The Robert Sheckley Tontine

by James Wallace Harris, Wednesday, November 29, 2017

Mindswap by Robert SheckleyMonday, my buddy Mike and I were going up and down the isles of the science fiction section at Barnes & Noble looking to see if our old favorites were on the shelves. There were a few books each for Heinlein, Asimov, and Clarke, the Big Three SF writers of our childhood. But for many of the classic SF authors that we fondly remembered, none of their books were available. The last writer I looked up was Robert Sheckley. No luck. It’s sad to think modern readers won’t be discovering Mindswap or Untouched by Human Hands.

Generally, when science fiction fans today think of comedy SF they think Douglas Adams and his Hitchhiker’s Guide to the Galaxy series. But before Douglas Adams, there was Robert Sheckley. I worry that the number of Robert Sheckley fans is growing quite small.  Sure, a few new readers discover him, but that’s offset by older fans dying at a much quicker pace. The memory of his stories are like a tontine, and one day his last reader will be the only person on Earth to remember Marvin Flynn and The Theory of Searches, or any of the other wonderfully weird tales Sheckley wrote.

Much of Sheckley’s work has been reprinted in ebook editions and some of them have even gotten the audiobook treatment. Here’s the thing about books in general – most will be forgotten. Very few books are remembered over the long haul of time. I hate that. Of course, if we spent all our time cherishing old writers we’d have no time for new writers. Who are the new absurd comedy writers of SF today? Who follows in the footsteps of Robert Sheckley and Douglas Adams? I’d like to read them. I’m all for progress and time marching on, but I hate to see books I loved being forgotten. So I’ll just mention a few Sheckley titles to try.

My favorite Sheckley novels are Mindswap and Dimension of Miracles. Even though these works are still in copyright, you can hear them on YouTube. I recommend you buy them from Audible or if you prefer reading with your eyes get the Kindle editions at Amazon. But for now you can give them a test spin via YouTube:

Actually describing Sheckley is hard, so I’m glad these audiobooks are on YouTube to do that work for me.

And here’s The Dimension of Miracles with a wonderful introduction by Neil Gaiman. It’s well worth listening to his introduction – I might not convince you to read Sheckley but Gaiman might.

Sheckley was a very prolific short story writer, and reading his collections captures the essence of science fiction of the 1950s and 1960s. Sheckley explored every science fictional concept through an absurd lens of humor, often giving insights into human nature that serious science fiction failed to find. Only one of his collection, Untouched by Human Hands is available on audio. Listen to the first story, “The Monsters” on YouTube and if you like it go buy the whole collection at Audible. The story is about first-contact from an alien’s POV. There are 13 unique tales here that should tickle your funny bone and impress your intellect. Sheckley constantly reminds us we see reality with a too narrow perspective.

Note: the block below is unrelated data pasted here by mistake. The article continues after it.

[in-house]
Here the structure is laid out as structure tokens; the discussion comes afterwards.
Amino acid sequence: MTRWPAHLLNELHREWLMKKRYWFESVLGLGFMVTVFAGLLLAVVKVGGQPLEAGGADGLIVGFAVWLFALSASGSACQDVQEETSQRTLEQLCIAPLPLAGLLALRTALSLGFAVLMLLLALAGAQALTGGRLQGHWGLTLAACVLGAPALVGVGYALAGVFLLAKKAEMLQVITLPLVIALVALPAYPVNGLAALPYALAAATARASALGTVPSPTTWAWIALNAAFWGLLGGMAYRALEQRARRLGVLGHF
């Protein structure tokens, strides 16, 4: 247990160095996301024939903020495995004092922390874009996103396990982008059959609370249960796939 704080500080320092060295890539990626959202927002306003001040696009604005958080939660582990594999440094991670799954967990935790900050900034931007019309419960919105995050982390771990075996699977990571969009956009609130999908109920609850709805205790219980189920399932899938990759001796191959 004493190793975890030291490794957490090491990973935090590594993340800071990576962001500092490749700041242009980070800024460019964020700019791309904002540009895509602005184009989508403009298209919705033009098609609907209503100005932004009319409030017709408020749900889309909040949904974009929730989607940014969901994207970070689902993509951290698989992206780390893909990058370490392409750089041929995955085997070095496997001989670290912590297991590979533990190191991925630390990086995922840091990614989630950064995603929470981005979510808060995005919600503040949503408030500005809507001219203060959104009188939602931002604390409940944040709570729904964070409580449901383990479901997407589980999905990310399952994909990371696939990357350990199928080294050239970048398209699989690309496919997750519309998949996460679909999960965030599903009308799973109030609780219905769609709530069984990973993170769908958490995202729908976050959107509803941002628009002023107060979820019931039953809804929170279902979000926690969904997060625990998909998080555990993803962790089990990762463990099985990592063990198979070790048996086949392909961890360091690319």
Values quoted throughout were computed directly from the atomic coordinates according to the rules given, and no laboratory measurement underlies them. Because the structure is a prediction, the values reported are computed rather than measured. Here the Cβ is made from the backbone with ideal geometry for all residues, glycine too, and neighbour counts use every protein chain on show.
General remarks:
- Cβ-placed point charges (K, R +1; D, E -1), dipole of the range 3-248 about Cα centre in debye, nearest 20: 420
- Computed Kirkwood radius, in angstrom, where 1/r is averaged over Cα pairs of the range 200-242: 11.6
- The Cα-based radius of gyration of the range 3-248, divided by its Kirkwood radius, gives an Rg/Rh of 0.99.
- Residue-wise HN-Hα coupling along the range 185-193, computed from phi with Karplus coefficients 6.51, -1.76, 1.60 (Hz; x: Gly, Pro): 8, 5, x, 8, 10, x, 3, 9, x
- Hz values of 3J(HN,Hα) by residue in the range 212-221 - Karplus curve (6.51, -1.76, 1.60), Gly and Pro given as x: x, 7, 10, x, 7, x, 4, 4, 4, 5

Like I said, many of Sheckley’s novels and collections are available as ebooks, and they are reasonably priced. Just for my own fun, I’m going to include covers I first saw half a century ago that make me feel nostalgic for his books today.

Untouched by Human Hands by Robert Sheckley

Immortality, Inc. by Robert Sheckley

The Status Civilization by Robert Sheckley

Journey Beyond Tomorrow by Robert Sheckley

Citizen in Space by Robert Sheckley

Notions Unlimited by Robert Sheckley

Shards of Space

Probably one old guy’s nostalgia isn’t enough to inspire new readers. I love that Philip K. Dick’s short stories are being produced as Electric Dreams, a video anthology for Amazon Prime. Sheckley’s short stories deserve that same kind of treatment, and that might resurrect his work. When Mike and I were checking the shelves at Barnes & Noble we found quite a lot of PKD titles. Back in the 1960s, I loved PKD but I never would have imagined he would be the science fiction writer of our generation to be remembered.

Young people who have discovered old reruns of The Twilight Zone or love the new anthology show Black Mirror should try reading science fiction short stories from the 1950s and 1960s. Back then science fiction stories had a lighter touch than they do today, more focused on far-out ideas and less on being literary.

Here is one example of a Sheckley story that’s always stuck with me. Sunday I tracked it down. It’s called “The Language of Love” and is in the collection Notions: Unlimited, about a young man, Jeffrey Toms, who meets a girl, Doris, and falls in love. She wants him to tell her he loves her. He wants to tell her. But he wants to express his feelings precisely, and fears using the word love is imprecise. He says people say they love pork chops, how can he use the same word for his feelings for her? So he learns about a dead race of aliens across the galaxy that had specialized in the language of love. Jeff travels to their world and finds an old scientist there, George Varis, who had studied this alien culture and Jeff spends months learning the language of love. Here’s what happens when he returns to Doris: